Westwater to start construction of graphite plant in Alabama in 2021
(Kitco News) - Westwater Resources (NYSE American: WWR) announced today that the company's officials joined Alabama Gov. Kay Ivey and other state and local leaders at a press conference in Montgomery today to announce the governor's signing of incentives agreements that will bring a first-of-its kind, advanced graphite processing plant to the state.
According to the company's statement, the plant will be built in the Kellyton area in Coosa County, near Alexander City, by Westwater, which is a Colorado-based mineral resources company committed to exploring and developing materials for clean, sustainable energy production.
"This plant not only will make Alabama the U.S. leader in graphite production, the go-to place for this important resource in battery manufacturing, it also will elevate our standing even more as a major player in the fast-growing electric vehicle sector," Ivey said. "We're home to four major auto plants, and the ability to source precious materials in state for the lithium-ion batteries used in electric and hybrid vehicles will be a big plus in attracting other manufacturing jobs to the state."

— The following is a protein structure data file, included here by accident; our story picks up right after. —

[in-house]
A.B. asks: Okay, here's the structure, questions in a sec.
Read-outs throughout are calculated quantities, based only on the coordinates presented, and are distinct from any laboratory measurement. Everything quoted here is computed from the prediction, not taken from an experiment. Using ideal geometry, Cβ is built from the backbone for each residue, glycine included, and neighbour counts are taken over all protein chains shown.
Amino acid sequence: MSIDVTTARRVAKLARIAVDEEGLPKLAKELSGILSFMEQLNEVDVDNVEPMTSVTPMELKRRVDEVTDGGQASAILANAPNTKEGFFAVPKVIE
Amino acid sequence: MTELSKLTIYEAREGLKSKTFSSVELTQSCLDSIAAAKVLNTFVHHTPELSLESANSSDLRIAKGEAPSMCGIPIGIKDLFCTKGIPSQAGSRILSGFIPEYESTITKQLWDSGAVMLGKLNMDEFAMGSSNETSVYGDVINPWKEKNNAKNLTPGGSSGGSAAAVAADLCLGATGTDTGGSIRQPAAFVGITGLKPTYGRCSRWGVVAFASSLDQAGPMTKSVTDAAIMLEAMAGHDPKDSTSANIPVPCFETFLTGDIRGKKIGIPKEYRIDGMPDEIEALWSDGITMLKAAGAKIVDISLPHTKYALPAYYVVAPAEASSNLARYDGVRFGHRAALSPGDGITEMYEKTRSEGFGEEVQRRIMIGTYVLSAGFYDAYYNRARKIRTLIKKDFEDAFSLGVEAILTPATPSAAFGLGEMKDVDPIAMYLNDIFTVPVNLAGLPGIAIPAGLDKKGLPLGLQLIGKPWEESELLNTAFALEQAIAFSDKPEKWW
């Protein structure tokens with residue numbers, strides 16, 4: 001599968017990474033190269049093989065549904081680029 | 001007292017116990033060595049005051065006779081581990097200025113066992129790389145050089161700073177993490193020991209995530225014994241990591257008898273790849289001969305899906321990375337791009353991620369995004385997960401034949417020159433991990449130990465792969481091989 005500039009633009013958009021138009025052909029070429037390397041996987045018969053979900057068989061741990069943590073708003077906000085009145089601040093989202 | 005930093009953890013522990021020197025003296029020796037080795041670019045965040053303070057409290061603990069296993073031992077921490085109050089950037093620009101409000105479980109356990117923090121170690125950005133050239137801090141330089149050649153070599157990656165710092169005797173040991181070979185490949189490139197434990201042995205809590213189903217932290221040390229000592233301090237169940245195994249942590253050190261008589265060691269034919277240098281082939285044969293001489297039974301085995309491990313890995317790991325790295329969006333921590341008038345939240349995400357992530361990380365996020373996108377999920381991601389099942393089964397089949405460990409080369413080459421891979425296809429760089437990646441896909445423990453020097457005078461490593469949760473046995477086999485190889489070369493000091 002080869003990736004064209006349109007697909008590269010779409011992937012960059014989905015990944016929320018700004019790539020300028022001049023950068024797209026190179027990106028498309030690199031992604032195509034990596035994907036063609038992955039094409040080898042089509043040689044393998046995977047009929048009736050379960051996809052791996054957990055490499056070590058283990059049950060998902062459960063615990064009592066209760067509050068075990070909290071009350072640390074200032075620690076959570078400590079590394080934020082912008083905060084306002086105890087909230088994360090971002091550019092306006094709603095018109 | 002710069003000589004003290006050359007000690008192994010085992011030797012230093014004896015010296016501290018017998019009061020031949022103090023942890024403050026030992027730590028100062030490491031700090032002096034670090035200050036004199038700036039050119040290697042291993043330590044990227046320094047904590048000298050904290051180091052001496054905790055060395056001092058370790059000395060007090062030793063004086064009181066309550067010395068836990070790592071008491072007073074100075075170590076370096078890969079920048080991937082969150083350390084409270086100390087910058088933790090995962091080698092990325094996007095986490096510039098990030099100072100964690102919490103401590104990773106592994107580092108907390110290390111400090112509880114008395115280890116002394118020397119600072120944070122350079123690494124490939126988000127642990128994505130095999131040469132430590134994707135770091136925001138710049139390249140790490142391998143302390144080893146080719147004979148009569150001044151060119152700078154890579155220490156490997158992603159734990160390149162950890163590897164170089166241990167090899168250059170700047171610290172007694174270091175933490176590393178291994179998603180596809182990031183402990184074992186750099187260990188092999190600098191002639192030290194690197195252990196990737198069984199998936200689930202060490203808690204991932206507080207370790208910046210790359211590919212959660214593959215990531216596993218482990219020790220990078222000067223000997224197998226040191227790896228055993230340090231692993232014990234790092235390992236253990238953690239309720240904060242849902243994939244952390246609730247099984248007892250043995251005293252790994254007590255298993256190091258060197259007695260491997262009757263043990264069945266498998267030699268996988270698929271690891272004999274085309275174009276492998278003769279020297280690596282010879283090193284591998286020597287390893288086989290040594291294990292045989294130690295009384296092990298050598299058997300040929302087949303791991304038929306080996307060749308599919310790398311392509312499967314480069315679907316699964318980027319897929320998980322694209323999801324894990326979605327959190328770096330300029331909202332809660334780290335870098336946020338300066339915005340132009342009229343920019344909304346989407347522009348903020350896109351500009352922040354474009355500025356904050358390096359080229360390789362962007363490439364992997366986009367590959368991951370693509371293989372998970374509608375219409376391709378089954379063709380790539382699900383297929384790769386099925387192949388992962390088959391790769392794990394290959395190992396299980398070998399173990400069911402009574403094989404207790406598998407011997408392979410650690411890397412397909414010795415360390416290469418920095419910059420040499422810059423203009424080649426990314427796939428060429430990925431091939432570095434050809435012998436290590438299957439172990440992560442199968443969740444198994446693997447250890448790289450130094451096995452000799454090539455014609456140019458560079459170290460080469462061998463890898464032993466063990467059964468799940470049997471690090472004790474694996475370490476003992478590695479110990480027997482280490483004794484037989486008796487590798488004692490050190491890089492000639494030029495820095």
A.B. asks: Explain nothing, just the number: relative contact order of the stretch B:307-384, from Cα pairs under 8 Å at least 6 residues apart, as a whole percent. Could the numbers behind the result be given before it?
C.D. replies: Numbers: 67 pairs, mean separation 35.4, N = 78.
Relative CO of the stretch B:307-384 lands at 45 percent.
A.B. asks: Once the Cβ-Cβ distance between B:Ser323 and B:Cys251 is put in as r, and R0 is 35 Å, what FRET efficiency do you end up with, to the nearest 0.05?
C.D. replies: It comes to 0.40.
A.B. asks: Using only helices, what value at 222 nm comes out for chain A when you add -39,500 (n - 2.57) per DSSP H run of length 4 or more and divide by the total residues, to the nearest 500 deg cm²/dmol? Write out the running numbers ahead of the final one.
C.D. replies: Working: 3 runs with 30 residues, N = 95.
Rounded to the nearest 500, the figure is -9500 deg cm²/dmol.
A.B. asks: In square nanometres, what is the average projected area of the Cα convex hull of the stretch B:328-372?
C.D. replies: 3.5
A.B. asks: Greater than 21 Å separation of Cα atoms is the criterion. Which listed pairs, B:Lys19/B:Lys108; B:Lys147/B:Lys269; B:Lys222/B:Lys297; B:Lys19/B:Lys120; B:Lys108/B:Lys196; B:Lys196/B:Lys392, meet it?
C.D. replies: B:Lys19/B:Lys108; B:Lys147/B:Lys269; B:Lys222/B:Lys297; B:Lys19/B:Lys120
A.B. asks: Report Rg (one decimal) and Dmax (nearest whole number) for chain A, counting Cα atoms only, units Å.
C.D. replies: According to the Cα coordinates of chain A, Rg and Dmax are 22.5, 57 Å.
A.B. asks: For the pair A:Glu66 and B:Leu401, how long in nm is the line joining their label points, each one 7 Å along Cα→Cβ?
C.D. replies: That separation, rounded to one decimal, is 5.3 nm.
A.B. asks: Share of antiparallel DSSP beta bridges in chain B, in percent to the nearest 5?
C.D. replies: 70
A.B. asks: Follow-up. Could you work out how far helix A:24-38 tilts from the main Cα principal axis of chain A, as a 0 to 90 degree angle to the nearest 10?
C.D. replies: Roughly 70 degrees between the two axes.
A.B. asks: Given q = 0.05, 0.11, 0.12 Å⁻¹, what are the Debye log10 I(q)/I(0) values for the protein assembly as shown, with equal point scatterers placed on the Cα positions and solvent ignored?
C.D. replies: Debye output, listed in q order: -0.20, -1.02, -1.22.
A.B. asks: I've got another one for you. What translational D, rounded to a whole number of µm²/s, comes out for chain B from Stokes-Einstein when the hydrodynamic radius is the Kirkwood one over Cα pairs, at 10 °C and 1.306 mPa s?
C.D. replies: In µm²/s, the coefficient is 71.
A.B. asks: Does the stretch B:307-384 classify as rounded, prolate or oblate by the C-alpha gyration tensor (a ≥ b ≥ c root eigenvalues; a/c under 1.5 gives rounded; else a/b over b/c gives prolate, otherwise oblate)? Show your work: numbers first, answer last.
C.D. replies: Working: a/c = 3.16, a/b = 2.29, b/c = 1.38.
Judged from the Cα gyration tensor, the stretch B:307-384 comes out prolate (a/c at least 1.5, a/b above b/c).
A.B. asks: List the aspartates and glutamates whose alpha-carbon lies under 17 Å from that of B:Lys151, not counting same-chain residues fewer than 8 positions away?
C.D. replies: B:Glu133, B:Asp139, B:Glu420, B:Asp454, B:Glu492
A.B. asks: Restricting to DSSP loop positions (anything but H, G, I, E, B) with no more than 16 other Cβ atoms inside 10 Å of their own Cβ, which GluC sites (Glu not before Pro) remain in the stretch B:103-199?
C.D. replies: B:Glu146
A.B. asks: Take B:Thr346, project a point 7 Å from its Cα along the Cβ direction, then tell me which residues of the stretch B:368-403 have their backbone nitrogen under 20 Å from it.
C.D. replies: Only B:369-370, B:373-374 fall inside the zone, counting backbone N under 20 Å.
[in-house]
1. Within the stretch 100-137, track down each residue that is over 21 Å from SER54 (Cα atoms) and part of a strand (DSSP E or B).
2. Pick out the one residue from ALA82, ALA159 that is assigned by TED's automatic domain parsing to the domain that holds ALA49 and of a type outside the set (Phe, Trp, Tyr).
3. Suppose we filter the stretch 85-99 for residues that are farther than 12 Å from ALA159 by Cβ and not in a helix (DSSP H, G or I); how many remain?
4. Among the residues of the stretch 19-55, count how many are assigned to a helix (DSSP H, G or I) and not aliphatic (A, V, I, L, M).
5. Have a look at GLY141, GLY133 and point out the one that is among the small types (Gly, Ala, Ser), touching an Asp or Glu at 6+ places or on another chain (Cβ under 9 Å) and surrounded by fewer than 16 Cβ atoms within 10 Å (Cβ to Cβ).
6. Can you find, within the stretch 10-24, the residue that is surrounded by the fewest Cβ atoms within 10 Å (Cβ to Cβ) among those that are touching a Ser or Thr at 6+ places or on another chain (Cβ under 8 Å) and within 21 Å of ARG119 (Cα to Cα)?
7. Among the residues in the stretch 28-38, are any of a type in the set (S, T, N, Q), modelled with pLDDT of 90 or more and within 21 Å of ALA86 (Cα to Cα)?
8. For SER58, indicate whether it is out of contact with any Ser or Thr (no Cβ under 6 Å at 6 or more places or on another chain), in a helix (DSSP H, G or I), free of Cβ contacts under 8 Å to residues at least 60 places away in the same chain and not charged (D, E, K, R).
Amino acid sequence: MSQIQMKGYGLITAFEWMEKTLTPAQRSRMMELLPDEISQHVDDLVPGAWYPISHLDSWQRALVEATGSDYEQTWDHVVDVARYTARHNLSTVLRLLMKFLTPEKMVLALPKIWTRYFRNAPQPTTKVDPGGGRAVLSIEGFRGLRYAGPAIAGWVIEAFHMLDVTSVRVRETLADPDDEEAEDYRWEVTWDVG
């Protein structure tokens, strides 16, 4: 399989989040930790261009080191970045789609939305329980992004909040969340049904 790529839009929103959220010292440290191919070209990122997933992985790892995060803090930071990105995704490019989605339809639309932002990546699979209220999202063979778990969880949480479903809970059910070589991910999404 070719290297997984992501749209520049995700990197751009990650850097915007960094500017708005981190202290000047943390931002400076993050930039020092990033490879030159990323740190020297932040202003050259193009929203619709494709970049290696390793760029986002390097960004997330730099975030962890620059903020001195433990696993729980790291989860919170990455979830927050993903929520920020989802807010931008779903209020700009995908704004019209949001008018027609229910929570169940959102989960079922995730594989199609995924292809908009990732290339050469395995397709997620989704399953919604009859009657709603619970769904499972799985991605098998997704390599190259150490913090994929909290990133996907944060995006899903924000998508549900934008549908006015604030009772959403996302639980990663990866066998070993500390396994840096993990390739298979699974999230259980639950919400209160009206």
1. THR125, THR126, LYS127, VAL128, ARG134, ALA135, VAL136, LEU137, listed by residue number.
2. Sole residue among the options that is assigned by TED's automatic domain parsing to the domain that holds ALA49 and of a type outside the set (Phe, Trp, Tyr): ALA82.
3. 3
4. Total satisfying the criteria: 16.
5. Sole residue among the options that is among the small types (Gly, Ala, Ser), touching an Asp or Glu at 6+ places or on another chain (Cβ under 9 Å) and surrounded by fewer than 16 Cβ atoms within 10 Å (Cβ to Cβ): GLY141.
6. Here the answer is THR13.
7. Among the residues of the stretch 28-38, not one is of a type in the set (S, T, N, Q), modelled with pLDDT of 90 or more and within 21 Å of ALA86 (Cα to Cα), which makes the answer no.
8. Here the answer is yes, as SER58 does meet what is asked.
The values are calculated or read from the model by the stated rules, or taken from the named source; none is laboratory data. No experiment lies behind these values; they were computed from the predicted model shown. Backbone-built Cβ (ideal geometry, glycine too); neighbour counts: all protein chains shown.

Graphite is used as the anode in lithium-ion batteries, as well as a conductivity enhancer for all types of batteries, including the common lead-acid batteries in traditional vehicles.
Westwater said it plans to make an initial investment of $80 million or more (with a second phase pushing the total to $124 million) in the graphite processing plant. Construction is expected to begin later this year, with the plant operating by the end of 2022.
The agreements signed by the governor will provide the project with jobs and tax credits under the Alabama Jobs Acts, totaling up to an estimated $29.9 million over 15 years. In addition, Alabama Industrial Development and Training will provide Alabama Graphite Products up to $925,000 in job-training and employee recruitment incentives.
Westwater's processing plant will produce approximately 7,500 tons of battery-grade graphite a year initially, eventually expanding to 15,000 tons.